I think we have all had some time to process the horrific death of Paul Walker and his friend, Roger Rodas, that happened a few weeks ago. Although this story is tragic, it has definitely struck another chord as of late.
I recently read an article where the author stated something along the lines of “people die everyday but they aren’t recognized in the same magnitude that celebrities are.” This statement is hard to argue but with the growth of social media being the way to share information, emotion, and empathy, it’s hard to say that those thoughts would change anything.
What struck me deeply about this incident and I am only shedding light on this recent tragedy because it is relevant as I write this, was the way people were utilizing media in other ways to expose the accident. About a day or so after the car crash, TMZ posted amateur video (that was sent in by a bystander who most likely profited from it) of Walker’s car crushed and smoldering in flames while the “videographer” and the car driver sat by and watched. You could hear them contemplate whether to drive away or watch but never did the question arise whether they should stop filming and help. No, I don’t think they knew it was Paul Walker in the car but why wasn’t their first reaction to call for help? I sort of pondered this question for a while which is why I held off from writing this blog entry but the conclusion I came to was rather sad.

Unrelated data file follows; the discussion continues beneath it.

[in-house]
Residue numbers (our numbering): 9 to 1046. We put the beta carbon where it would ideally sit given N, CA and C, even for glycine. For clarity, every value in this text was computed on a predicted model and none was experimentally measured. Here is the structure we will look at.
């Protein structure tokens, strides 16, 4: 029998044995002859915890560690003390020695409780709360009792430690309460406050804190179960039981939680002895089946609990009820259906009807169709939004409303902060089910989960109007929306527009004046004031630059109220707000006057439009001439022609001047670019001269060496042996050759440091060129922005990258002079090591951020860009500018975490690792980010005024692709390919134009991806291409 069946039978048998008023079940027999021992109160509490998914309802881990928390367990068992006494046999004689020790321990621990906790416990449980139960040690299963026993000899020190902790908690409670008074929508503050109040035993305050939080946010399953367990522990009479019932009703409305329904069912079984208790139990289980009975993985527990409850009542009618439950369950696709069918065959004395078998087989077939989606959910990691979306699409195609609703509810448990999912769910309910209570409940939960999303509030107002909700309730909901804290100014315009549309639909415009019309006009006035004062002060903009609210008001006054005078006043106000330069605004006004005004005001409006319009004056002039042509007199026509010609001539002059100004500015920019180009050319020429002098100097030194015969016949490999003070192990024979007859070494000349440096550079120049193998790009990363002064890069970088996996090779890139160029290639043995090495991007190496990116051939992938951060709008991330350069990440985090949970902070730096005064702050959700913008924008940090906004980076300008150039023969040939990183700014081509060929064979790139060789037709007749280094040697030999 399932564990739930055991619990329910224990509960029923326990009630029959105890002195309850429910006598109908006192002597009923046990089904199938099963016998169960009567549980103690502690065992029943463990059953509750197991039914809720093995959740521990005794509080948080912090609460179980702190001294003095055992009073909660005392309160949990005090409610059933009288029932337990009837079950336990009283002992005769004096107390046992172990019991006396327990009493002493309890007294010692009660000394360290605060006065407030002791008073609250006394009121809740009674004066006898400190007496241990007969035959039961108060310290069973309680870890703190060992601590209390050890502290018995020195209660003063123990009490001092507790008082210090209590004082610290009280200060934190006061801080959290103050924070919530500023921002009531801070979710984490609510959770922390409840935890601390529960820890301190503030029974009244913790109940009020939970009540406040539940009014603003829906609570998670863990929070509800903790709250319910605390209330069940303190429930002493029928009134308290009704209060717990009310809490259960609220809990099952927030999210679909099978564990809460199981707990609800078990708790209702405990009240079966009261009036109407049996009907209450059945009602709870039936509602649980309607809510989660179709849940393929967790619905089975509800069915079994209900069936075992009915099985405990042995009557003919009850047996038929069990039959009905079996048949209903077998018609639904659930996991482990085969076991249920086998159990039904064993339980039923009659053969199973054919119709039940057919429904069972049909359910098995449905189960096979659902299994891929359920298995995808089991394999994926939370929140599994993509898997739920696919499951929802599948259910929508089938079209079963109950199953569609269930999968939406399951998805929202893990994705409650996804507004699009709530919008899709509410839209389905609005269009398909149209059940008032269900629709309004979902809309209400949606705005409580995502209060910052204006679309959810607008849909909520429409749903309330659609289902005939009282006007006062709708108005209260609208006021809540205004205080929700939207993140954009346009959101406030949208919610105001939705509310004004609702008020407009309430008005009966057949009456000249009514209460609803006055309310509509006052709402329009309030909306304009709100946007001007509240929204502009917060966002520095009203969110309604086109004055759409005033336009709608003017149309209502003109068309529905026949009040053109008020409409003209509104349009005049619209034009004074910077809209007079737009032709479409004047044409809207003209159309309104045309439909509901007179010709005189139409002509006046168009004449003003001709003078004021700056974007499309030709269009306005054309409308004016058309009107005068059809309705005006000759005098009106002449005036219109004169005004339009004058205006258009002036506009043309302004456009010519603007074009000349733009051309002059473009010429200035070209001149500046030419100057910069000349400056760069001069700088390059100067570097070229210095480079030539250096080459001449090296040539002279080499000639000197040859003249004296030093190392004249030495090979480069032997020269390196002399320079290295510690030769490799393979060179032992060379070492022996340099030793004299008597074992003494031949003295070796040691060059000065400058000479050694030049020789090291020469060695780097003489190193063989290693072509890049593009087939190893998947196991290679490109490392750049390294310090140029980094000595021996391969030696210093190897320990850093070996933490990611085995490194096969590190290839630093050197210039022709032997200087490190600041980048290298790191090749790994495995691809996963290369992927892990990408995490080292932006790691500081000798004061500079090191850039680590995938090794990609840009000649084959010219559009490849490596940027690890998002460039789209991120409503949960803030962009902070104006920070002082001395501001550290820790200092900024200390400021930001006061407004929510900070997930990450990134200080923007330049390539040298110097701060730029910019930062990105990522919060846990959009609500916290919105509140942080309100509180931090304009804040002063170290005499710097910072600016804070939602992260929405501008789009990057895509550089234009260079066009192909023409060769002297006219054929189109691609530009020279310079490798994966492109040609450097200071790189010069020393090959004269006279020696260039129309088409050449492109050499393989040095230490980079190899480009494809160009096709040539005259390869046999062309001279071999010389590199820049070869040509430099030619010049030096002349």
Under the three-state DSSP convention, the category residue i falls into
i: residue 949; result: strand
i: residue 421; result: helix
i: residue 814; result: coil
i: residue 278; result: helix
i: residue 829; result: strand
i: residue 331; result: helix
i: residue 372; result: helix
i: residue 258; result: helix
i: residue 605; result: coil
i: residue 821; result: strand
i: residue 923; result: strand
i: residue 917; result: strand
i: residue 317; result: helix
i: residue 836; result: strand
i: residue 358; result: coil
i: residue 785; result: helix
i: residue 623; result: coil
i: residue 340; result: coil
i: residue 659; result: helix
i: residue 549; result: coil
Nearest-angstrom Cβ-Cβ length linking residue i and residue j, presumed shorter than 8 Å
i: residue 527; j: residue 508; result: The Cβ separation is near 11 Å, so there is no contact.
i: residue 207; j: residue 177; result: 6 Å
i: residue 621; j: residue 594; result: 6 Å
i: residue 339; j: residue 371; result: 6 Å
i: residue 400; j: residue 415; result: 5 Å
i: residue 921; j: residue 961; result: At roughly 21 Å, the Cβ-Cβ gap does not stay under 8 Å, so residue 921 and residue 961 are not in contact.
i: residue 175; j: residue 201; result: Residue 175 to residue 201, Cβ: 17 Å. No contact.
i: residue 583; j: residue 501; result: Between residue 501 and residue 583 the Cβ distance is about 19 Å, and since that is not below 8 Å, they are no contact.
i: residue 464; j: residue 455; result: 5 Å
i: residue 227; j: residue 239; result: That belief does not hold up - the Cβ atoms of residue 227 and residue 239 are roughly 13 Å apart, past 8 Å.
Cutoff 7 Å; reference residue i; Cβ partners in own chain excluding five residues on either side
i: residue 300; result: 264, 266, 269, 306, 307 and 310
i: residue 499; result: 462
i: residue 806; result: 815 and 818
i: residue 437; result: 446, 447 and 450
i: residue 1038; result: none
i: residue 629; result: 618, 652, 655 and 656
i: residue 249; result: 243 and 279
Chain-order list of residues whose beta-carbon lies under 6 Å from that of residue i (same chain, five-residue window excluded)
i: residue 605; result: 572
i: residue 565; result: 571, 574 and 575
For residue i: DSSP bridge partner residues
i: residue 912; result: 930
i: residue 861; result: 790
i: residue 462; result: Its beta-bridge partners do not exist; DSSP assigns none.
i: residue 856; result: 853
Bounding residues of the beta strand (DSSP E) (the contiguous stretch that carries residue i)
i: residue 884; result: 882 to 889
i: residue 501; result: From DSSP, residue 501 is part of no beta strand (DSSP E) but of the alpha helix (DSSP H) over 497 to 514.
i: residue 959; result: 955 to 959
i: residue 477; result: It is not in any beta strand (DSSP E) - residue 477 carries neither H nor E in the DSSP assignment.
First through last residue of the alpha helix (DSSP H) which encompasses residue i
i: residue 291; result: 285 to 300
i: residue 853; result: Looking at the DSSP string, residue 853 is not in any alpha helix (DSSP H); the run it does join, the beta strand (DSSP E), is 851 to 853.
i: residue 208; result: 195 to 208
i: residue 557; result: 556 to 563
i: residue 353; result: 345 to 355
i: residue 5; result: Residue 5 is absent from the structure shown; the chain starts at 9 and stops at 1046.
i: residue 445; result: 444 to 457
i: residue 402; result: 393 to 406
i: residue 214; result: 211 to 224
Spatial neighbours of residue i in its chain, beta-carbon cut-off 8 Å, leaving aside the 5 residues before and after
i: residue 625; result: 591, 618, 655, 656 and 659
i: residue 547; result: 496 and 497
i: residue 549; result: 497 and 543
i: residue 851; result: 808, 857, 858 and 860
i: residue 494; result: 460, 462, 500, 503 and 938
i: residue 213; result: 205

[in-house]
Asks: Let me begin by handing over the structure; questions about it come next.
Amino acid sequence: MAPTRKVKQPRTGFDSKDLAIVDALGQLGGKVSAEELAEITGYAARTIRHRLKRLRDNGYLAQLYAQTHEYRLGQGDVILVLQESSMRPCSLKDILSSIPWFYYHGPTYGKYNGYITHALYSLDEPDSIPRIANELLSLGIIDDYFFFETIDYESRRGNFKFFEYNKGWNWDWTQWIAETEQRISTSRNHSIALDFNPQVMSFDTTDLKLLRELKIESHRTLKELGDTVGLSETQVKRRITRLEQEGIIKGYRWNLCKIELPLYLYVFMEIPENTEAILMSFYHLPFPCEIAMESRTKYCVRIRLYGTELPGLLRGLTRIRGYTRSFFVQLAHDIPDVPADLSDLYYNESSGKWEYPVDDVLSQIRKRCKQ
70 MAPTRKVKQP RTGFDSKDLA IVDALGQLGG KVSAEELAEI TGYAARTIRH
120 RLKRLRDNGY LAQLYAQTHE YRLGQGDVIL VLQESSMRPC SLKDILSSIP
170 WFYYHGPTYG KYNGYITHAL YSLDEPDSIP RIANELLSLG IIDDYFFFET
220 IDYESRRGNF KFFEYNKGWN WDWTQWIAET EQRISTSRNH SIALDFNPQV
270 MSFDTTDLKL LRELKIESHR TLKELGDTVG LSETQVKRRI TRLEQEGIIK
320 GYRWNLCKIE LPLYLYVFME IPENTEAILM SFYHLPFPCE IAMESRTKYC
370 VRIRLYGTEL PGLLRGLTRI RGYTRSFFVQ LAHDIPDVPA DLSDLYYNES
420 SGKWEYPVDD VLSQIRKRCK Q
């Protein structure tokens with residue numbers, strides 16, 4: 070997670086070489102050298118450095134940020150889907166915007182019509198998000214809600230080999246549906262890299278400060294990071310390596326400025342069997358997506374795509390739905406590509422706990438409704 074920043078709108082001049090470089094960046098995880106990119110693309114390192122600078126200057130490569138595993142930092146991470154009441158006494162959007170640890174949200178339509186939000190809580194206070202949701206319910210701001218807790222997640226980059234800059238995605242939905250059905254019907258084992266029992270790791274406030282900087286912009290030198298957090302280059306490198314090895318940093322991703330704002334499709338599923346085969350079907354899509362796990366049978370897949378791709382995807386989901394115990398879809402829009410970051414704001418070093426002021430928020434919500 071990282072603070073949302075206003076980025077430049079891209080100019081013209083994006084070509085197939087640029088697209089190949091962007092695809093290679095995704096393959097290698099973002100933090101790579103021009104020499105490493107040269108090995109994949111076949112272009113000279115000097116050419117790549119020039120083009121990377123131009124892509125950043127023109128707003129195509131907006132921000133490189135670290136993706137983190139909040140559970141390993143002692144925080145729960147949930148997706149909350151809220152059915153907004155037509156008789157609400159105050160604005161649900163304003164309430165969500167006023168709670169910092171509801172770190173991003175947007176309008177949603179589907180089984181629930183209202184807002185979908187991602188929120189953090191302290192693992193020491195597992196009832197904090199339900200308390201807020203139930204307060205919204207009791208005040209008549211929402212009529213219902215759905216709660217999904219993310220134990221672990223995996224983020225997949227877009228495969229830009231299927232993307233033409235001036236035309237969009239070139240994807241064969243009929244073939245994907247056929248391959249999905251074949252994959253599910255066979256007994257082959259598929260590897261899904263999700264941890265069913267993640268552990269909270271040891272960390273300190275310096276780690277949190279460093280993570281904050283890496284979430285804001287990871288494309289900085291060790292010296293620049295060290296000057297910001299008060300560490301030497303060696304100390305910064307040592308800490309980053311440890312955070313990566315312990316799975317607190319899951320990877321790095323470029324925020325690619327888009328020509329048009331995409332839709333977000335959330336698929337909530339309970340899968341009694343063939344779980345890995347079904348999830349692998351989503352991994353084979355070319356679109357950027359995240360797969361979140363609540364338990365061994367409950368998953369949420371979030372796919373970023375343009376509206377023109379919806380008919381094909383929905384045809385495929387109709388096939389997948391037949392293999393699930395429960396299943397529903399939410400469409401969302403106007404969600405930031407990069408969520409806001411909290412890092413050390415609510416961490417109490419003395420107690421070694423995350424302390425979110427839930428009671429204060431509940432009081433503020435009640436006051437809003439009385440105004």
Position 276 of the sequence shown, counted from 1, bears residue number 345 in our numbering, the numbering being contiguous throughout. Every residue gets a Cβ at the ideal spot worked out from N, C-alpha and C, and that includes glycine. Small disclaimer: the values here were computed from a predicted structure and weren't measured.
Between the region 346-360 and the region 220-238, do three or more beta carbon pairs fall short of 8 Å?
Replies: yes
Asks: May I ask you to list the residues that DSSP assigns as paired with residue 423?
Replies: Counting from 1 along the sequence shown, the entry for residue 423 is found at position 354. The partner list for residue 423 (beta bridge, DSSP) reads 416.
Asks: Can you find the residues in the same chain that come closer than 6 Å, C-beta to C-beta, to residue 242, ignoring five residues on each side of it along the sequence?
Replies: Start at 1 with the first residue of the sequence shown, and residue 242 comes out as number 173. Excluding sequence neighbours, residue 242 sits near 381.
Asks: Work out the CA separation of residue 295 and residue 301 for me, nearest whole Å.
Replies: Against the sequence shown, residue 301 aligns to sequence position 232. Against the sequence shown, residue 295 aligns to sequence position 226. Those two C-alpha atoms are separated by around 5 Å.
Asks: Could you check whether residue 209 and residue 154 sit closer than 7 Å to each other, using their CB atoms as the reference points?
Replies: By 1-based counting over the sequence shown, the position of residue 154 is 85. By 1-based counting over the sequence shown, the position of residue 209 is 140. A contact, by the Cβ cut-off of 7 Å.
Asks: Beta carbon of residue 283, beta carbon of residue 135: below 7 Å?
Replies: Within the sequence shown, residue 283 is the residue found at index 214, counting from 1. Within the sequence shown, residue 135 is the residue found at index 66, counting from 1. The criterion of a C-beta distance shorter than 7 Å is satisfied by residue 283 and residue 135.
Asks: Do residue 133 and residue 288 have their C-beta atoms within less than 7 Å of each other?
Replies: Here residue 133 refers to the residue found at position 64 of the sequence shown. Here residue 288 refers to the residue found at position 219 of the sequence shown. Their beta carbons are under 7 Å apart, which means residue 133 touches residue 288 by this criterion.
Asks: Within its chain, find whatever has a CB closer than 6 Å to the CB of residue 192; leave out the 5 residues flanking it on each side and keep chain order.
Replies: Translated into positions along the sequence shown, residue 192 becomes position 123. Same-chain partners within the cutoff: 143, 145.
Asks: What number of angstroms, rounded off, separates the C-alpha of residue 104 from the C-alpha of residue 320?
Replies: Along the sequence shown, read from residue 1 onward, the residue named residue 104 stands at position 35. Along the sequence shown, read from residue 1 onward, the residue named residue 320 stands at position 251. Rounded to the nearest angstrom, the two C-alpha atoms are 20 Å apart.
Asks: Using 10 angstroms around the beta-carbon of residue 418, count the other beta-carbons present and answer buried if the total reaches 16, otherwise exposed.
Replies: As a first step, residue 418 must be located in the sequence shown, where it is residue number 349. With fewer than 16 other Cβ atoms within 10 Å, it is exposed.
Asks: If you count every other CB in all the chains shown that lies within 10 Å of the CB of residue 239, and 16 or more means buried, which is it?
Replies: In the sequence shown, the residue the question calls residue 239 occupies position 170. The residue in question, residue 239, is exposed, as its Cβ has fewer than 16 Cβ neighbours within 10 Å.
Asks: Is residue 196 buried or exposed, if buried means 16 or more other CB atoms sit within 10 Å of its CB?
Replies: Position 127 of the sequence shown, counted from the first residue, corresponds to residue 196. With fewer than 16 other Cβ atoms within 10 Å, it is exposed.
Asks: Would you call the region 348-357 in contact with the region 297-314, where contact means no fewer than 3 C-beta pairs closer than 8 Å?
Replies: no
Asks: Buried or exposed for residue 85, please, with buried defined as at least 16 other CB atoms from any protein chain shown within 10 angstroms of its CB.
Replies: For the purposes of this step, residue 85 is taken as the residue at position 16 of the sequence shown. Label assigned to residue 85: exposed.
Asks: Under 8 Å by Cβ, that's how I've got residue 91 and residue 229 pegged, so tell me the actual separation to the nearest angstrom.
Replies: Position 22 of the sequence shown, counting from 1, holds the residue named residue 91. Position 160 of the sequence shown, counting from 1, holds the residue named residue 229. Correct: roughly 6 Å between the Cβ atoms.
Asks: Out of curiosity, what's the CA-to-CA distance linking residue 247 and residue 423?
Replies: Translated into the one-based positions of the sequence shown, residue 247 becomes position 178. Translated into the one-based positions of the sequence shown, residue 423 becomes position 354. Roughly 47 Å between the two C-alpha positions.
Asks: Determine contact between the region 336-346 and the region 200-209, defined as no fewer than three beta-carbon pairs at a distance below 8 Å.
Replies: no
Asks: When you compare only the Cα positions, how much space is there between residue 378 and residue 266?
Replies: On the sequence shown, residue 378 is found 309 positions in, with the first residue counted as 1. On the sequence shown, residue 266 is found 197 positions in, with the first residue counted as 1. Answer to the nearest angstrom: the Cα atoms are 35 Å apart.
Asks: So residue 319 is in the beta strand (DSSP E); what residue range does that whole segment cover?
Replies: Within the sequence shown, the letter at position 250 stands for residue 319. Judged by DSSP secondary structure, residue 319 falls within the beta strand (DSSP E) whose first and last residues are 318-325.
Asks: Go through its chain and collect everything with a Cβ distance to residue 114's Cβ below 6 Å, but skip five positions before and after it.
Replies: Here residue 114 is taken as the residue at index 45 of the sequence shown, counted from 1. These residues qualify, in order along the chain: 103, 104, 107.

This is our culture. This is how our society interacts and engages with each other. When something amazing, difficult, or out of the ordinary happens in our lives, the first thing we do is post it. Why? Because we need to feel that small sense of thrill from receiving “likes,” “comments,” and “retweets” from those who follow us. If you are like me, most of your Facebook friends are in their early to mid-twenties that currently suffer from the social media TMI and at times, go out of their way to get a few laughs. Personally, I have seen posts of people passed out drunk on the T, videos of people fighting, and all sorts of instances where people are being photographed or caught on video without their knowledge. Are some of us that self-absorbed that we can’t see that those people may be in danger rather than a funny Instagram shot?
The death of Paul Walker and Roger Rodas is incredibly sad and will stick in people’s mind until the next tragedy is captured and posted online.